41 participants, predominantly PhD students and postdocs, recently attended a 5-day international training school on glacial isostatic adjustment (GIA). The training school was hosted at Lantmäteriet – the Swedish Mapping, Cadastral and Land Registration Authority, which is located in Gävle, Sweden. The schedule consisted of 4 days of lectures and a full-day field trip to visit local sites where evidence of past ice sheet and sea-level change is preserved.
Lectures covered material including: the history and theory of GIA, the geodetic, geological, and geophysical evidence used to constrain GIA-related processes, applications of GIA, and recent developments in the field. The participants were also able to gain experience in running GIA and ice sheet models during computer practical sessions.
All of the lectures were broadcast online in real-time; our maximum number of ‘virtual participants’ listening at any one time was over 60 and we have already clocked up over 500 individual views of the online content. Recordings of the lectures are available to view on the training school website (http://polenet.org/2019-glacial-isostatic-adjustment-gia-training-school).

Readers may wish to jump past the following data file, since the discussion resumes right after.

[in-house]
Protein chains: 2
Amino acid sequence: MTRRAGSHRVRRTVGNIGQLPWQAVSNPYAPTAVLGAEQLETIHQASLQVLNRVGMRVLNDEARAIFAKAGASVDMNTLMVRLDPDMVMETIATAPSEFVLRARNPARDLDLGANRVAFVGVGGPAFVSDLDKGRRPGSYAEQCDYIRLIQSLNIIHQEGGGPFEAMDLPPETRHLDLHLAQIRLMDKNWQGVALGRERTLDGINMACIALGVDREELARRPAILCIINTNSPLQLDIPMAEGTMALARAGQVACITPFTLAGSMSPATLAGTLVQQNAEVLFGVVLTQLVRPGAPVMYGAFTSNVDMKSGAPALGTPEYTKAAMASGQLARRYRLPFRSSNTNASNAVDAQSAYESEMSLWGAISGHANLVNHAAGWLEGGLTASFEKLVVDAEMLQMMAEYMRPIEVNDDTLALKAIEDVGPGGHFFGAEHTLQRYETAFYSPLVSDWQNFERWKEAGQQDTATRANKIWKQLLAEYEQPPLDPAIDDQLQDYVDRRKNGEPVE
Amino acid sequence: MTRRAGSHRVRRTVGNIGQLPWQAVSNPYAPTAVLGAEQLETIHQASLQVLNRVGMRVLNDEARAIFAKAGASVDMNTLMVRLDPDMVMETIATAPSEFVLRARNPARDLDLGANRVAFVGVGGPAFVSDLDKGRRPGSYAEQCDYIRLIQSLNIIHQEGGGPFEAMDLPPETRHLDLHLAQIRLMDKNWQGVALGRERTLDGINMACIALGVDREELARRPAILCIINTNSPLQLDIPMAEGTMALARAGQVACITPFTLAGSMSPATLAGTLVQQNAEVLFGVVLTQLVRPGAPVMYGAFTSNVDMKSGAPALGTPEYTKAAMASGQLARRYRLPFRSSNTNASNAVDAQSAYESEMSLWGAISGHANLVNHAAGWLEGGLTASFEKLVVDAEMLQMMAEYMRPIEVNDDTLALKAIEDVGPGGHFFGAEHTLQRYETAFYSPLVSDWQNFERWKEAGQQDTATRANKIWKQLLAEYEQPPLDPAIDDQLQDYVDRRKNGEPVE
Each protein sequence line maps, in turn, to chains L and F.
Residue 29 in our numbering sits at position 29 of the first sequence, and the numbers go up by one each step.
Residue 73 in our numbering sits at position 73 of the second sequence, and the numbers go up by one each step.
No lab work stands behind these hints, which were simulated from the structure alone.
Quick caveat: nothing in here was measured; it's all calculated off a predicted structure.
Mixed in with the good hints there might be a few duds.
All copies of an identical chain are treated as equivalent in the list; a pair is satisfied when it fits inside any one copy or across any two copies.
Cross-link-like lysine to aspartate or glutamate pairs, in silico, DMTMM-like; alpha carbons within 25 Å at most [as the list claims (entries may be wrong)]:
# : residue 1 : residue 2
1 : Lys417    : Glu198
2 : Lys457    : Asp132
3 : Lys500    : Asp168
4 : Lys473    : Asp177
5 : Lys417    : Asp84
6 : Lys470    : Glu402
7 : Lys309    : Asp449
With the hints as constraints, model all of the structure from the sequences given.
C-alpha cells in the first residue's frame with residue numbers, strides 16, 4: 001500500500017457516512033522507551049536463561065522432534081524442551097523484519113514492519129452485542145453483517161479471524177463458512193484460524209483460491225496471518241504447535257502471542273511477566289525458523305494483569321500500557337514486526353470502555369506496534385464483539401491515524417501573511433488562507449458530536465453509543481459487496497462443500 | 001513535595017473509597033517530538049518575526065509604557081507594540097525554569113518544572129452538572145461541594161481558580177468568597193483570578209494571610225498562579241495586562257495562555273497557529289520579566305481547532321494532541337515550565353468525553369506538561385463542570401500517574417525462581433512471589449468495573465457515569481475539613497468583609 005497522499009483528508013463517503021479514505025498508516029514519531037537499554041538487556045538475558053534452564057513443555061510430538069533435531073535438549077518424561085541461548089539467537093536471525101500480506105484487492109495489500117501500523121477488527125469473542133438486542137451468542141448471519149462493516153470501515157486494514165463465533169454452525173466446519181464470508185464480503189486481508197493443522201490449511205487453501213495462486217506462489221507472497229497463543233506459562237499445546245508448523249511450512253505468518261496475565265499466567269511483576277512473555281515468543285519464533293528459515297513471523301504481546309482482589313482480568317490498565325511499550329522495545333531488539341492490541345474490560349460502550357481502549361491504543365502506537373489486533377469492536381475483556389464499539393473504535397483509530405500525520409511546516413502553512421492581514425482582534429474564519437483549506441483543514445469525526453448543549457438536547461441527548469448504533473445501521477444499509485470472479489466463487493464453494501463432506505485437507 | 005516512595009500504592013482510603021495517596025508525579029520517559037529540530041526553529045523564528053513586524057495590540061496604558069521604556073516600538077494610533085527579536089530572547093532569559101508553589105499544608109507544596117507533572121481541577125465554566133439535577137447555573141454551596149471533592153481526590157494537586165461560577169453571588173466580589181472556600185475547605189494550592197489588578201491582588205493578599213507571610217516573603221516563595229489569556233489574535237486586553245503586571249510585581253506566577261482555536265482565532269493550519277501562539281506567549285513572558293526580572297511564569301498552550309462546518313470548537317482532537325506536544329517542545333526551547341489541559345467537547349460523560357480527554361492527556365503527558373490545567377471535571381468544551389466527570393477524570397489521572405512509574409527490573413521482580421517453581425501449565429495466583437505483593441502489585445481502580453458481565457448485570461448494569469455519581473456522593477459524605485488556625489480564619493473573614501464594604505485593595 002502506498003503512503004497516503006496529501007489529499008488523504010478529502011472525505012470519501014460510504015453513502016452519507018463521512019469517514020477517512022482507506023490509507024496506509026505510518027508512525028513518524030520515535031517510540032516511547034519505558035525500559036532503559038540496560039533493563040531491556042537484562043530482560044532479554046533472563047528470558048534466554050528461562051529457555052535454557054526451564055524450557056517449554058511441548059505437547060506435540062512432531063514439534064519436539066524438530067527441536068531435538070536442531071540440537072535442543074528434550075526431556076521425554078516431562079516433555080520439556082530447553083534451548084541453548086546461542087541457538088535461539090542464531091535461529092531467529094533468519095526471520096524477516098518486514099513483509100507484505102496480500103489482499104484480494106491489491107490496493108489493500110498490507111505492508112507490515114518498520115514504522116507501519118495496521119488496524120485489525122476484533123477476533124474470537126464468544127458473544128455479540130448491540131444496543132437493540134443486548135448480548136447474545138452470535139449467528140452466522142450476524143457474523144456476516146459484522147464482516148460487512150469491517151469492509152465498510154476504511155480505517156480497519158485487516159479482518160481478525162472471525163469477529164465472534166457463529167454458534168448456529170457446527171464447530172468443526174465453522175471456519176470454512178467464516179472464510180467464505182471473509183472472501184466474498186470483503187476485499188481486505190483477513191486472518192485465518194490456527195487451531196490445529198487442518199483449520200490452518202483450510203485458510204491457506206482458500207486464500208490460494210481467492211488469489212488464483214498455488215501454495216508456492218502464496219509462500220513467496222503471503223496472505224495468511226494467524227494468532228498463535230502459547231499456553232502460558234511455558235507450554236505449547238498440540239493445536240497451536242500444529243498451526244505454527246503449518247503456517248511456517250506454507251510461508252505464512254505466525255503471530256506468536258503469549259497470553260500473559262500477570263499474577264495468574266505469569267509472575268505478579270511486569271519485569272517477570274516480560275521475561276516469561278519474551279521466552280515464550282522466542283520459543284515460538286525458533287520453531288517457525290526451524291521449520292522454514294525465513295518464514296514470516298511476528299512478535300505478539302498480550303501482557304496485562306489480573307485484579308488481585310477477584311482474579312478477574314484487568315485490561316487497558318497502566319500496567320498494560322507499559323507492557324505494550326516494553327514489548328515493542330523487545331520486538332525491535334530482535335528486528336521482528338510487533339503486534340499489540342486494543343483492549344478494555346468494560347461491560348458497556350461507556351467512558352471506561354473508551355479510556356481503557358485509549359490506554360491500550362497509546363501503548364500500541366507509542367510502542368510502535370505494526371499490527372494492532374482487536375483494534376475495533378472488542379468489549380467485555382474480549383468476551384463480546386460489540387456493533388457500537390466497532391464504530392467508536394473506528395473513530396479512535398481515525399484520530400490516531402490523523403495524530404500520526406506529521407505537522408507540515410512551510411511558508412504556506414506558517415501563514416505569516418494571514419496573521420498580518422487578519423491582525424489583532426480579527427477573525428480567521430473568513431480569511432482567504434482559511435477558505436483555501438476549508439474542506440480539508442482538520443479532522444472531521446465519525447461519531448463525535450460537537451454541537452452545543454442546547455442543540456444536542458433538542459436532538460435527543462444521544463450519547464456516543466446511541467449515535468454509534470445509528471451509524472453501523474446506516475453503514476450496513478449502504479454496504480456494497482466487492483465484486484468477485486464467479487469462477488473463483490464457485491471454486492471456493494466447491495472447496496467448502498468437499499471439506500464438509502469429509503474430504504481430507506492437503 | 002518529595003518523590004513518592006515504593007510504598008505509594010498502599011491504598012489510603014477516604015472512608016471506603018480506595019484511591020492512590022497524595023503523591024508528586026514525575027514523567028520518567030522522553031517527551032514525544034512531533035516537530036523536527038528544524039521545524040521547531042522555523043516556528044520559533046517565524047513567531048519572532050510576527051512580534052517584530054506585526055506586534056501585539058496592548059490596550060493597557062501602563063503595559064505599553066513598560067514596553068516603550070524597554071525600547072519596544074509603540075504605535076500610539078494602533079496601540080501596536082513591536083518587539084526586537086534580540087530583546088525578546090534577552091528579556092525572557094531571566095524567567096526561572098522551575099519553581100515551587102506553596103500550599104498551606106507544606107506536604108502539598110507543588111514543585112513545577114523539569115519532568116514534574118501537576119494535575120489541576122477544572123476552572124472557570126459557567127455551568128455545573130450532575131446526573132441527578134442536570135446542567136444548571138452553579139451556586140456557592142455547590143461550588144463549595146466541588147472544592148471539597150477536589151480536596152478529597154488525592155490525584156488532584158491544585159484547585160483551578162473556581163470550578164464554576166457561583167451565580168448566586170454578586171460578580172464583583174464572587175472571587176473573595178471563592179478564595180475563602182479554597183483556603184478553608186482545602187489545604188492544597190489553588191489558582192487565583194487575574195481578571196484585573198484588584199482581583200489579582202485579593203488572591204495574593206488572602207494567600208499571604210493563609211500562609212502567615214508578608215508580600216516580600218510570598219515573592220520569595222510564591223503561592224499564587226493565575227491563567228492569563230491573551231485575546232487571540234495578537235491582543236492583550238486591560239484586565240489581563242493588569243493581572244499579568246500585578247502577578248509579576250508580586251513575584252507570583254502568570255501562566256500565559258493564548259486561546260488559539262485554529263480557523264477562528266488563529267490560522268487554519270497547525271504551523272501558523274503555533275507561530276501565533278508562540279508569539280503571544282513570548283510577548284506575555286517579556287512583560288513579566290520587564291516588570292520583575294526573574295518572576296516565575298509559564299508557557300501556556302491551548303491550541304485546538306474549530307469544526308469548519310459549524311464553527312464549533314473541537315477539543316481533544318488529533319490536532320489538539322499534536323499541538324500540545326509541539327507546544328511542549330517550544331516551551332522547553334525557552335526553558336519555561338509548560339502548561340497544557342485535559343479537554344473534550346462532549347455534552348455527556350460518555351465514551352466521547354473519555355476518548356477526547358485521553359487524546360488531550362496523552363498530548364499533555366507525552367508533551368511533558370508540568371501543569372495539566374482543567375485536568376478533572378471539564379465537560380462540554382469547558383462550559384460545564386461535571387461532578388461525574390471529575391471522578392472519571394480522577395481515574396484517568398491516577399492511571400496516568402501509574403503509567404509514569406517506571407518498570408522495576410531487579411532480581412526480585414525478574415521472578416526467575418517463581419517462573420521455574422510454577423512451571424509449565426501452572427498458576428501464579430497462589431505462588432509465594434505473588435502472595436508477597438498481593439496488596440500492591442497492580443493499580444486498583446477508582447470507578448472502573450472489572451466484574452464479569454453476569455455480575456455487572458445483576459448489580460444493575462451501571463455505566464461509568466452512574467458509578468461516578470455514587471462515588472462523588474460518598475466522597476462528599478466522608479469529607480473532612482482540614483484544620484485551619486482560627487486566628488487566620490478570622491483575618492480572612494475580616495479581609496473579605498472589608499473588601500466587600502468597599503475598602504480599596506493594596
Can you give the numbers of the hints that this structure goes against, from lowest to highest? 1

28 countries (6 continents), were represented across the 41 participants and 16 lecturers. In a feedback questionnaire, participants specifically noted the benefit of engaging and networking with researchers from such a wide range of scientific and cultural backgrounds.
We are incredibly grateful for the funding that we received from: National Science Foundation (NSF) through the Antarctica Network (ANET) component of the Polar Earth Observing Network (POLENET) project; the Scientific Committee on Antarctic Research (SCAR) through the Solid Earth Response and influence on Cryospheric Evolution (SERCE) program; the European Geosciences Union (EGU); the International Association of Cryospheric Sciences (IACS); and DTU Space. This funding enabled us to cover a significant proportion of the travel, accommodation, and subsistence expenses of the participants; several participants have noted that they could not have attended without this support.
Finally, we are grateful to all the lecturers, field trip leaders, and training school organisers for helping us to achieve our goal of educating and inspiring a new generation of GIA researchers!